Governments around the world must work out how to cope with ageing, a UN report said Monday, warning developing economies with lots of young workers may one day find their populations a drag.
The study by the UN Population Fund (UNFPA) and private group HelpAge International also urged countries to improve medical provision to extend the years of health that older people can enjoy.
The report, which was released to coincide with International Day of Older Persons, says that of the seven billion people who live on the planet, 893 million or 12.8 percent are elderly — older than 60.
In just one decade, the elderly population will swell by 200 million taking it well beyond one billion people, and potentially putting a greater strain on welfare and medical systems around the world, the report said.
The report was accompanied by a symposium on ageing in Japan, the world’s fastest-greying country, where around a quarter of the population is over 65 already, a proportion the government forecasts will rise to 40 percent within half a century.
“People everywhere must age with dignity and security, enjoying life through the full realization of all human rights and fundamental freedoms,” said Babatunde Osotimehin, UNFPA executive director.
By 2050, the report said, some 80 percent of the world’s older people will live in developing countries, many of which currently have young populations where there are many more workers than pensioners.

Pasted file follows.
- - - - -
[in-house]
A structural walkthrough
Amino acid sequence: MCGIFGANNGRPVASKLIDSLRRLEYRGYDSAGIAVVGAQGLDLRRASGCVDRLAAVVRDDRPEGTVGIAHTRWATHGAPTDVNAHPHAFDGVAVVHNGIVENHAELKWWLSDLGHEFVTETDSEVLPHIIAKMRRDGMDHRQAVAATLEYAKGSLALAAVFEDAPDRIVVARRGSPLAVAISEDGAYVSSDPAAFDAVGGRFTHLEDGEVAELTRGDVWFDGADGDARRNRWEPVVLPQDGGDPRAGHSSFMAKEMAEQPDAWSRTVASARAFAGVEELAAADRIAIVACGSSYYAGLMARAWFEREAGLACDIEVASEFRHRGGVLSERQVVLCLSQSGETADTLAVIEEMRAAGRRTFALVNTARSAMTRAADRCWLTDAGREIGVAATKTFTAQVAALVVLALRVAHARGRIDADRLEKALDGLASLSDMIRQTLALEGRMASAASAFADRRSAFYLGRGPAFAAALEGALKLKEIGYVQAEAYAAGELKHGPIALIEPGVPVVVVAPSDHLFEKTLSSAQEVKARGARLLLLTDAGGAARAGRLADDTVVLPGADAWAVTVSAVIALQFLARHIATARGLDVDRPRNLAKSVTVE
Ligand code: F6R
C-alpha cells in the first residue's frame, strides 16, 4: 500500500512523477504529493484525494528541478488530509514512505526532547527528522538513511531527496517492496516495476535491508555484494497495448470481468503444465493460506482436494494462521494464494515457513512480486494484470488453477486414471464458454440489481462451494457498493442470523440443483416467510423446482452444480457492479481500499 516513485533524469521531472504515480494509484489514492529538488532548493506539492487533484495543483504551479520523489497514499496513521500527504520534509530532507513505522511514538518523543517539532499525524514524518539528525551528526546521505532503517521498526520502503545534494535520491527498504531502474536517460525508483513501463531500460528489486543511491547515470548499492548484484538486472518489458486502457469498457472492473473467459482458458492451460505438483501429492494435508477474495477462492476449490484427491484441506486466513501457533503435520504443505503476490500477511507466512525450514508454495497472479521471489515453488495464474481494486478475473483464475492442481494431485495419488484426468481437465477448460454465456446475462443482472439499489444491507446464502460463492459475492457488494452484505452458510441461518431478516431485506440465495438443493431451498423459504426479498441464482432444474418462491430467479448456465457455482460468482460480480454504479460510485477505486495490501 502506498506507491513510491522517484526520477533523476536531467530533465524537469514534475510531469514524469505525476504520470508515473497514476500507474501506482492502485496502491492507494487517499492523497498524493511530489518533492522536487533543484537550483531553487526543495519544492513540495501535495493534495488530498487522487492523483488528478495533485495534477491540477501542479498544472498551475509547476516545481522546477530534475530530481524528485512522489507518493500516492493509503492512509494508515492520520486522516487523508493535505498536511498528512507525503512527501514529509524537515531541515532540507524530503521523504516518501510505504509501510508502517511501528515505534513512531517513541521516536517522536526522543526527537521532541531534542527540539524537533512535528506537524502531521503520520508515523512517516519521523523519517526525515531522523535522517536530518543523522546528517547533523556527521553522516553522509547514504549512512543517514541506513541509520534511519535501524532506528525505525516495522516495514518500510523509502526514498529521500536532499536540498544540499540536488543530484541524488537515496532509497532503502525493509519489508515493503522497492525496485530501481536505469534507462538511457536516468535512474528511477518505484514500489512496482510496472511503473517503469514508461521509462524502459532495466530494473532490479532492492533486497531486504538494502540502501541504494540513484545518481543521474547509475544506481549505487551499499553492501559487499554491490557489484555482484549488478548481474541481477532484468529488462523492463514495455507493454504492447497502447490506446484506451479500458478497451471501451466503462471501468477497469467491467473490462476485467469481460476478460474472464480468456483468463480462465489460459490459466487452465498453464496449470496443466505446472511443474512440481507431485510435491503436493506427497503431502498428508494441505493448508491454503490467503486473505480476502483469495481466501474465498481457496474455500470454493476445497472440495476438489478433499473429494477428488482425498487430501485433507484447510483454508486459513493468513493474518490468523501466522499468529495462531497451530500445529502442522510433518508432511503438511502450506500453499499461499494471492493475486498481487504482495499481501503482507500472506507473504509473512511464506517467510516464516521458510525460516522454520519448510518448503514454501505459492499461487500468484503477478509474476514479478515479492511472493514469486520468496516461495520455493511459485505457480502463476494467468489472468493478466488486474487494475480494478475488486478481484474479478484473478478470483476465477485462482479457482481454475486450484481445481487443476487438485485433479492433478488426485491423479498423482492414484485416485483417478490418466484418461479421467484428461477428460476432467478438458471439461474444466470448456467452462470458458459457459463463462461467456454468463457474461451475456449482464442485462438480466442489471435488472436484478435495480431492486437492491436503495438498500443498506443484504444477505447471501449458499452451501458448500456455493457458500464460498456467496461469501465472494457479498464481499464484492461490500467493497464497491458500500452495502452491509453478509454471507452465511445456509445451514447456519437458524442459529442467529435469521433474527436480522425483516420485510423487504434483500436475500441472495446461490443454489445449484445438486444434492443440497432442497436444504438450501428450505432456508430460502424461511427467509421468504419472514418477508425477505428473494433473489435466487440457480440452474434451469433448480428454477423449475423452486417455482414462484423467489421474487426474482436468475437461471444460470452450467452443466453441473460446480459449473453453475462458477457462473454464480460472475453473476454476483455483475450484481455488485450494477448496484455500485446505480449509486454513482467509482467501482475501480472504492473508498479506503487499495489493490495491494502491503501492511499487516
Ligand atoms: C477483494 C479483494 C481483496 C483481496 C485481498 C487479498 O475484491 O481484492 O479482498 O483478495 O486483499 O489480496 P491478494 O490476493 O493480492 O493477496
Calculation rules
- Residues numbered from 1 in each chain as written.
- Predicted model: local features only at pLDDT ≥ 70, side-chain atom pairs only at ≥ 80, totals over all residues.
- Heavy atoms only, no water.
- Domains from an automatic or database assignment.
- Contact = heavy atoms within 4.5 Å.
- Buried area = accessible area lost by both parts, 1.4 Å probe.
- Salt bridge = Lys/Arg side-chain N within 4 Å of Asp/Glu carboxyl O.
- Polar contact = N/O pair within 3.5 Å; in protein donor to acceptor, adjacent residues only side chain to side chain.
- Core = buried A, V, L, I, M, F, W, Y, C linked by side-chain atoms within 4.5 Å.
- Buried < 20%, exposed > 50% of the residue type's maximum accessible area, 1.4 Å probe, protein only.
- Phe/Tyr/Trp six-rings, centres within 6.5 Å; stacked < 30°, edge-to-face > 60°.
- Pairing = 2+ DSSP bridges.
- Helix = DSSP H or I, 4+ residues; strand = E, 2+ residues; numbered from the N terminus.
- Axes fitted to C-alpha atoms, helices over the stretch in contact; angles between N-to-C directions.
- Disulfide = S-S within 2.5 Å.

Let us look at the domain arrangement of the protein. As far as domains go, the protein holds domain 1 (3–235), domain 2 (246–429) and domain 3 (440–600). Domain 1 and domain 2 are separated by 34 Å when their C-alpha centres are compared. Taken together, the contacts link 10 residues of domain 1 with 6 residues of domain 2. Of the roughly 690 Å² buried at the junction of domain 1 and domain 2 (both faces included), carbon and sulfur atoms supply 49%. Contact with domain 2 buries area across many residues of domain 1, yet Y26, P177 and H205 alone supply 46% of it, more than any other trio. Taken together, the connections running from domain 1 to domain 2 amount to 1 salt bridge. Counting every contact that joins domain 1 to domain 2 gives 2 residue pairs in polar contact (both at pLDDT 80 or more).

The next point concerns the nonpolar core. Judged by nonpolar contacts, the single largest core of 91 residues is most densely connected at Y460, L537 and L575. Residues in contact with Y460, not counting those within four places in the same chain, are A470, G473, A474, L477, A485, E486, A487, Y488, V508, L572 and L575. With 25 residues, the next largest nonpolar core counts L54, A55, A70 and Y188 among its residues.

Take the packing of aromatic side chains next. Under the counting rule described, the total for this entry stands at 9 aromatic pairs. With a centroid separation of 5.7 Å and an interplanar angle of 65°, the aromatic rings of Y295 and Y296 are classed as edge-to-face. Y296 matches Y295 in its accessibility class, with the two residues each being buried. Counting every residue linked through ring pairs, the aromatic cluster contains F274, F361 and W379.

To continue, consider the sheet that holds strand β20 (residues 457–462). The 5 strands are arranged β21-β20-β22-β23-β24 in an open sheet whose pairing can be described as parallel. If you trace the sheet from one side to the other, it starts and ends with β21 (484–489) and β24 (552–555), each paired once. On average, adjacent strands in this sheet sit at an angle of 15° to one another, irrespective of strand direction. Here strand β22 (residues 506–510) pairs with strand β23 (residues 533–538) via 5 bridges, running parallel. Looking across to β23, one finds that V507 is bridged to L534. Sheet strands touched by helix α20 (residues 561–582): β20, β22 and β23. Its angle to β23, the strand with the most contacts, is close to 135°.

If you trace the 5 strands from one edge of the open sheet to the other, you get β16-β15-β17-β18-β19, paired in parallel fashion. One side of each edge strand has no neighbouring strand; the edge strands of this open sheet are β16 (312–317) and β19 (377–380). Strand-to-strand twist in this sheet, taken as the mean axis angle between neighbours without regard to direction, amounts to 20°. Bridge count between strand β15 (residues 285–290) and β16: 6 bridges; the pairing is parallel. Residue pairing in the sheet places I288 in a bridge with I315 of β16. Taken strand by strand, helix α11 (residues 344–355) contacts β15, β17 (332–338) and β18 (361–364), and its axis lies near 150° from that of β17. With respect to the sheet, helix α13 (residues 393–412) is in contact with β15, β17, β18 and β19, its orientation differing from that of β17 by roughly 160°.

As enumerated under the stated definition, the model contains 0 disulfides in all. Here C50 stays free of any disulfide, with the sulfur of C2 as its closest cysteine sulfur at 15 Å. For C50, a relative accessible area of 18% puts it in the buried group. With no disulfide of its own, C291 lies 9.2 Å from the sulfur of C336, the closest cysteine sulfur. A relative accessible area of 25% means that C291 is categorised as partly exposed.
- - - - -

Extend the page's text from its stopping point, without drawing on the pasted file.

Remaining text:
“In many developing countries with large populations of young people, for example, the challenge is that governments have not put policies and practices in place to support their current older populations or made enough preparations for 2050,” the groups said in a joint statement.
The report warned that the skills and knowledge older people possess are going to waste, with many elderly under-employed and vulnerable to discrimination, abuse and violence at work and in the home.
The agencies are calling for governments and the public to end “these destructive practices and to invest in older people”.
“We must commit to ending the widespread mismanagement of ageing,” said Richard Blewitt, chief executive officer of HelpAge International.
“Global and national action plans are needed to create a pathway (so) people over 60… become growth drivers and value creators,” he said.